Malkiah slid out of the shadows of the stables and touched Shira’s arm. Shira was shocked. She pinched the back of his hand. Malkiah grimaced.
“Stop,” he said. “Loesdotter, Oor.” He nodded to each of them. “The Counselor requires your presence.”
Malkiah lead them to Counselor’s door. Shira grimaced behind his back.
“Oor, you will wait here.” Malkiah motioned Shira to the door. She tried not to say anything to further anger Malkiah, but it was too much fun.
“How’s your mother?” she asked, then slipped through the door. Now Malkiah only had time to glare at her back. He turned away.
The Counselor stood as she saw Shira. Her white robes whirled around her. Shira walked towards her and bowed deeply.
“Child,” said the Counselor. “There is no need for that here.”
“What do you need?” Shira knelt at the Counselor’s feet and looked up at her. The Counselor looked old and worn. Her skin was papery from an old illness. Eyes bruised. Shira felt her stomach clench. The news must be bad.
“You are still young,” the Counselor sighed. She peered into Shira’s eyes, looking carefully at the iris. She touched Shira’s cheek.
“I need to tell you your story.” She paused, “when you awakened, we knew you were one of the great ones. But, we were confused. We lived in peace. We were guarded from our more bloodthirsty neighbors by the great veil.”
She continued. “We decided to teach you all of our secrets. We gave you our best warrior to be your mentor and teacher. In a few years, you would have been ready to sit on the Council.”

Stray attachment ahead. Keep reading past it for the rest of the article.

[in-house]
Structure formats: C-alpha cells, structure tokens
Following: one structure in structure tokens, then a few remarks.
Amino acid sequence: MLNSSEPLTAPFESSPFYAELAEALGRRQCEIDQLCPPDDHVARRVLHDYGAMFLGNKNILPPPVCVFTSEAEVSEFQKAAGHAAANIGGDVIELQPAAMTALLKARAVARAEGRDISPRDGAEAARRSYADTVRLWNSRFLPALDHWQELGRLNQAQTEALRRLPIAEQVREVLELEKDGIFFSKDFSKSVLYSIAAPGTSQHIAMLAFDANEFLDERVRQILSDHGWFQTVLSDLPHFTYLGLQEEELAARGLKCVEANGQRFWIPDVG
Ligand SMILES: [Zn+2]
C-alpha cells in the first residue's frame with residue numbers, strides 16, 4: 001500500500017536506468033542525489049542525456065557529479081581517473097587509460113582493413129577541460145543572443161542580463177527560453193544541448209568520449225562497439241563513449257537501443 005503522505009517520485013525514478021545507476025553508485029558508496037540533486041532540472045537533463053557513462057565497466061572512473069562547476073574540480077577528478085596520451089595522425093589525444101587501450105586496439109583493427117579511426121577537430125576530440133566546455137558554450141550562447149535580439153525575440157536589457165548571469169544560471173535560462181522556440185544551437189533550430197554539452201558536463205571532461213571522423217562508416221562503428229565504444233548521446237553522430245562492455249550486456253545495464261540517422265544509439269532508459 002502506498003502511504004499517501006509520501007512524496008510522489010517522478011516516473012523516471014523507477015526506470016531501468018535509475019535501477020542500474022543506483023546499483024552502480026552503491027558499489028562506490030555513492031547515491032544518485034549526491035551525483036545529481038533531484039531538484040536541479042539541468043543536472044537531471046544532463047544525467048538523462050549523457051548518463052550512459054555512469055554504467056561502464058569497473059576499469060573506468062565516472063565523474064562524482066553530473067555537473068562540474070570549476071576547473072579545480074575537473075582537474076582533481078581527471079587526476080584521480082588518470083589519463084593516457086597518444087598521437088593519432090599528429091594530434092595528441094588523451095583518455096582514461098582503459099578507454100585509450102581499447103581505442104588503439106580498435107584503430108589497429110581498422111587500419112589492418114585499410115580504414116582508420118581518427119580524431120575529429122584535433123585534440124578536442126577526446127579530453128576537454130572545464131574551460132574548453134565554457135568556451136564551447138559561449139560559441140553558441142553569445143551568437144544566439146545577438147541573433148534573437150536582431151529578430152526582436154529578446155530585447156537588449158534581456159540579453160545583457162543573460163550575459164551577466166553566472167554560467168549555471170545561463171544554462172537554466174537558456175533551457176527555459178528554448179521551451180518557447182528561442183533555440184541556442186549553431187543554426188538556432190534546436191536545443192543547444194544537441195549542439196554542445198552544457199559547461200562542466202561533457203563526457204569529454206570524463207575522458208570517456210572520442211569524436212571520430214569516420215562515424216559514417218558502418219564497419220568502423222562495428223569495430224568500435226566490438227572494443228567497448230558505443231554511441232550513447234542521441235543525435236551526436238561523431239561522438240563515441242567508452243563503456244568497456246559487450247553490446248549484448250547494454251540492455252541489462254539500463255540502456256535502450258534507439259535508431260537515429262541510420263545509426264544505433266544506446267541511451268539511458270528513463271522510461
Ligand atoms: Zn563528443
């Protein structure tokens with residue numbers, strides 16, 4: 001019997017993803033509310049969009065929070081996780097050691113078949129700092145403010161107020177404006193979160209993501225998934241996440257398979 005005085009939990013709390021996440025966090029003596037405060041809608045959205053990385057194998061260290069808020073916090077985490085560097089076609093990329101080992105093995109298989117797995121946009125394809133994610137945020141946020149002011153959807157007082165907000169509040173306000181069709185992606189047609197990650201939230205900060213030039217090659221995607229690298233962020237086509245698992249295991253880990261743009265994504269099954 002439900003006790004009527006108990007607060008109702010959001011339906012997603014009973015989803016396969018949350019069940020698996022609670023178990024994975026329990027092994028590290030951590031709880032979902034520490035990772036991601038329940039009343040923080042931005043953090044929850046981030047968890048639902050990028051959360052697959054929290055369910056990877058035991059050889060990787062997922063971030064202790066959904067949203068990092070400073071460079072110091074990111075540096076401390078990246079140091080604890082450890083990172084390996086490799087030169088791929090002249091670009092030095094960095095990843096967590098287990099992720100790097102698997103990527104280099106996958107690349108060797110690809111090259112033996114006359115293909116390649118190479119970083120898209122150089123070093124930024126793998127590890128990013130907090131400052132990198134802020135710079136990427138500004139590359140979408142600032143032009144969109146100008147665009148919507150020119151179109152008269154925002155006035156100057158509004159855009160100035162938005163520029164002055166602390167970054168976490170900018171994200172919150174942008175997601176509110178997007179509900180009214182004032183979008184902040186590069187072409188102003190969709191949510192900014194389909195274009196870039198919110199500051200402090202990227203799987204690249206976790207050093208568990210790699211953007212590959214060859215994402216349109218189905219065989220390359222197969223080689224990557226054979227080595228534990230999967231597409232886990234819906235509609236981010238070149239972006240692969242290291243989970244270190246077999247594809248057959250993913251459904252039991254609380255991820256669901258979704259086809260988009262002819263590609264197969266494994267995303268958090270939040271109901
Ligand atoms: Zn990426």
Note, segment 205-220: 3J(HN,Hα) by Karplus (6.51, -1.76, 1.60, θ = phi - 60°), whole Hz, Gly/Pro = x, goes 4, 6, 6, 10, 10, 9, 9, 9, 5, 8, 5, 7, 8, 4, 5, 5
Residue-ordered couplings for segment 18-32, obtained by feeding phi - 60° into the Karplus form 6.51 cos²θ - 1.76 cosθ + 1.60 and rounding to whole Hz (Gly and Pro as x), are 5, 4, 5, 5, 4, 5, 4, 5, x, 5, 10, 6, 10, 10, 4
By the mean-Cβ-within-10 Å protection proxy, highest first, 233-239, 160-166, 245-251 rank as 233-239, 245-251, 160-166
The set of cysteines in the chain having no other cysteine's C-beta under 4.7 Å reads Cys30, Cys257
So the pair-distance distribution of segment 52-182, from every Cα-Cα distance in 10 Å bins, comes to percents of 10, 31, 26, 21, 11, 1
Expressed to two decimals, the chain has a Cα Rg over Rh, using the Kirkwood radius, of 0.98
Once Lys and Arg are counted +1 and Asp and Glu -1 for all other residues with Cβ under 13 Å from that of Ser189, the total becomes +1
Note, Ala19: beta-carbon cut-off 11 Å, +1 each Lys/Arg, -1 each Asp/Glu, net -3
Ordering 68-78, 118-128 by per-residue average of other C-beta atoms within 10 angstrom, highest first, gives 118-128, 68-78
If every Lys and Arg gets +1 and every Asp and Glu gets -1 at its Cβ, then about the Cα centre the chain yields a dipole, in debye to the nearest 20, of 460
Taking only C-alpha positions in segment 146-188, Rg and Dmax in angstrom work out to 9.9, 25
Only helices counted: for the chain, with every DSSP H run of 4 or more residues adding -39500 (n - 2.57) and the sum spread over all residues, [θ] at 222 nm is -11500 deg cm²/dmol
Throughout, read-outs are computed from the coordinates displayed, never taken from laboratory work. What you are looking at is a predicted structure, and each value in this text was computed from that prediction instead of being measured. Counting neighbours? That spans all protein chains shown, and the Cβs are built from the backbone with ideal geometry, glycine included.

“But, I am not ready.” The words burst out of her mouth.
The Counselor smiled. The lines around her mouth and eyes eased and she looked younger. “No, you are not,” she said. “I have had a vision, which concerns you.”
“In my dream, I saw you running through the woods with a spear in your hand. You fought the Corsindor’s warriors. Under your feet were the skulls of the Ahrah. You were fierce, but eventually they pulled you down. A hairy man howled and pierced your breast with a sword.”
The Counselor laid her hands on Shira’s cornsilk locks. “Cut your hair. Burn the locks. Your destiny is not here.” A tear rolled down her cheek.
“You are to leave tonight after the banquet. Tell no one.”
The main tent held the banquet hall. As the sun came down, the tent went from yellow to gold. As the light darkened, the tent turned white. Inside were all the nomads of the Ahrah. Ahrah from the farthest ends of the country had arrived for the gathering that happened once a decade. It was a chance to sing, dance and tell stories. Many of the younger Ahrah met their mates at this gathering. It was a time of rejoicing.
Inside the tent, were large tables filled with goat and sheep dishes. Vegetables and fruits made the tables groan. They came from around the country plus some from Corsindor. Shira had no idea how the stuffs from Corsindor came into the country.
Shira walked through the tables, greeting friends and not-friends alike. She had not grown old enough to have enemies, Oor was found of saying. She was careful to nod to the more powerful Council members.
As Shira walked by the Council member’s table, Cianne, Malkiah’s mother, touched her. Shira stopped. It was not polite to ignore any of the older members. Cianne’s face was covered with by a white veil. Her breath moved the veil back and forth slightly.